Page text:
Balance, literacy acceleration, and responsive teaching in a summer school literacy program for struggling readers.

UNCG Author/Contributor (non-UNCG co-authors, if there are any, appear on document)
Ann Duffy Harrington, Clinical Associate Professor (Creator)
The University of North Carolina at Greensboro (UNCG )
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Abstract: The purpose of this research was to examine the effects of a balanced, accelerated, and responsive literacy program on the reading growth of elementary school struggling readers. The participants in this study were 10 second-grade children identified as underachieving in reading who were enrolled in an elementary school summer program. This study was conducted as a formative experiment, an emerging research design in which quantitative and qualitative data are collected and analyzed in relation to an established pedagogical goal. An analysis of the data revealed that students grew in their word identification abilities, fluency, strategic comprehension abilities, perceptions of themselves as readers, attitudes toward reading, and instructional reading levels. The importance of educators implementing self-constructed balanced literacy programs was discussed. The accelerated progress of students was detailed, and the importance of implementing responsive reading programs was considered. Implications for future reading research and instruction were provided.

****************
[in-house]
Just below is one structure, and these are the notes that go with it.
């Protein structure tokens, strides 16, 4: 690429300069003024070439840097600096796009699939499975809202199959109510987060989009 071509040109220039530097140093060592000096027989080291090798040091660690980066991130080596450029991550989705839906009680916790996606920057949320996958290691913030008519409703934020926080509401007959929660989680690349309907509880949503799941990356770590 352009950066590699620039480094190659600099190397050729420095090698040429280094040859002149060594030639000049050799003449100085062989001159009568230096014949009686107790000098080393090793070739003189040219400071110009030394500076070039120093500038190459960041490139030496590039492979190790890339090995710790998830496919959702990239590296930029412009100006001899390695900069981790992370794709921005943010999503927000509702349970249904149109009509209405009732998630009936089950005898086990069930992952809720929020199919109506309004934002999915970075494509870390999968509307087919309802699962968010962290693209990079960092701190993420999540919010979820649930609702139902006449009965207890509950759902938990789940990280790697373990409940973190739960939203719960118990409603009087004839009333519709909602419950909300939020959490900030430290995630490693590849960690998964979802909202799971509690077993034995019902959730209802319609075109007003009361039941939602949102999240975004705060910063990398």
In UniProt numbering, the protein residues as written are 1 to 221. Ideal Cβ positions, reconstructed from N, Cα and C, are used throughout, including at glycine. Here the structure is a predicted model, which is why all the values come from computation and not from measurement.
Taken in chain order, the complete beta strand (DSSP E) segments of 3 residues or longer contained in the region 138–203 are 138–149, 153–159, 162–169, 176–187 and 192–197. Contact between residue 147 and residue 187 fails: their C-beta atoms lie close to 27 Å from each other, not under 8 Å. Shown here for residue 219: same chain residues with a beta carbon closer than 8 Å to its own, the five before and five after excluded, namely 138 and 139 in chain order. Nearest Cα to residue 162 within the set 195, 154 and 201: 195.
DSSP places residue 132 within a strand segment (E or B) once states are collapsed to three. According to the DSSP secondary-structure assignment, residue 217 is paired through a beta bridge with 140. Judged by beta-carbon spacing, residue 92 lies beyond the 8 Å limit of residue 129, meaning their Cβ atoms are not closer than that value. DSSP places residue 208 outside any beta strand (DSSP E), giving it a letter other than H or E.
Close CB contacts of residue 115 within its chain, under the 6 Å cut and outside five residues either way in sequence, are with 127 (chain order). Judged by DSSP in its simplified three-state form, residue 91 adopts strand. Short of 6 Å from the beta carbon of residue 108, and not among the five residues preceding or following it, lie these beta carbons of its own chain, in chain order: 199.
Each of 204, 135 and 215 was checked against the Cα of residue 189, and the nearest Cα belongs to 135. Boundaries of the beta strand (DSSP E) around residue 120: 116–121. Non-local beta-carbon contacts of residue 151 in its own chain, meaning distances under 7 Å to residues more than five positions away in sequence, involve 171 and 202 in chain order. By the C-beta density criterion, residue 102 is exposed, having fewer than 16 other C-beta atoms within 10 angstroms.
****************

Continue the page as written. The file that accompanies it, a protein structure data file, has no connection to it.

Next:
Additional Information

Reading Research and Instruction, 40 (2),67-100
Language: English
Date: 2001
Literacy program, Reading, Elementary school struggling readers

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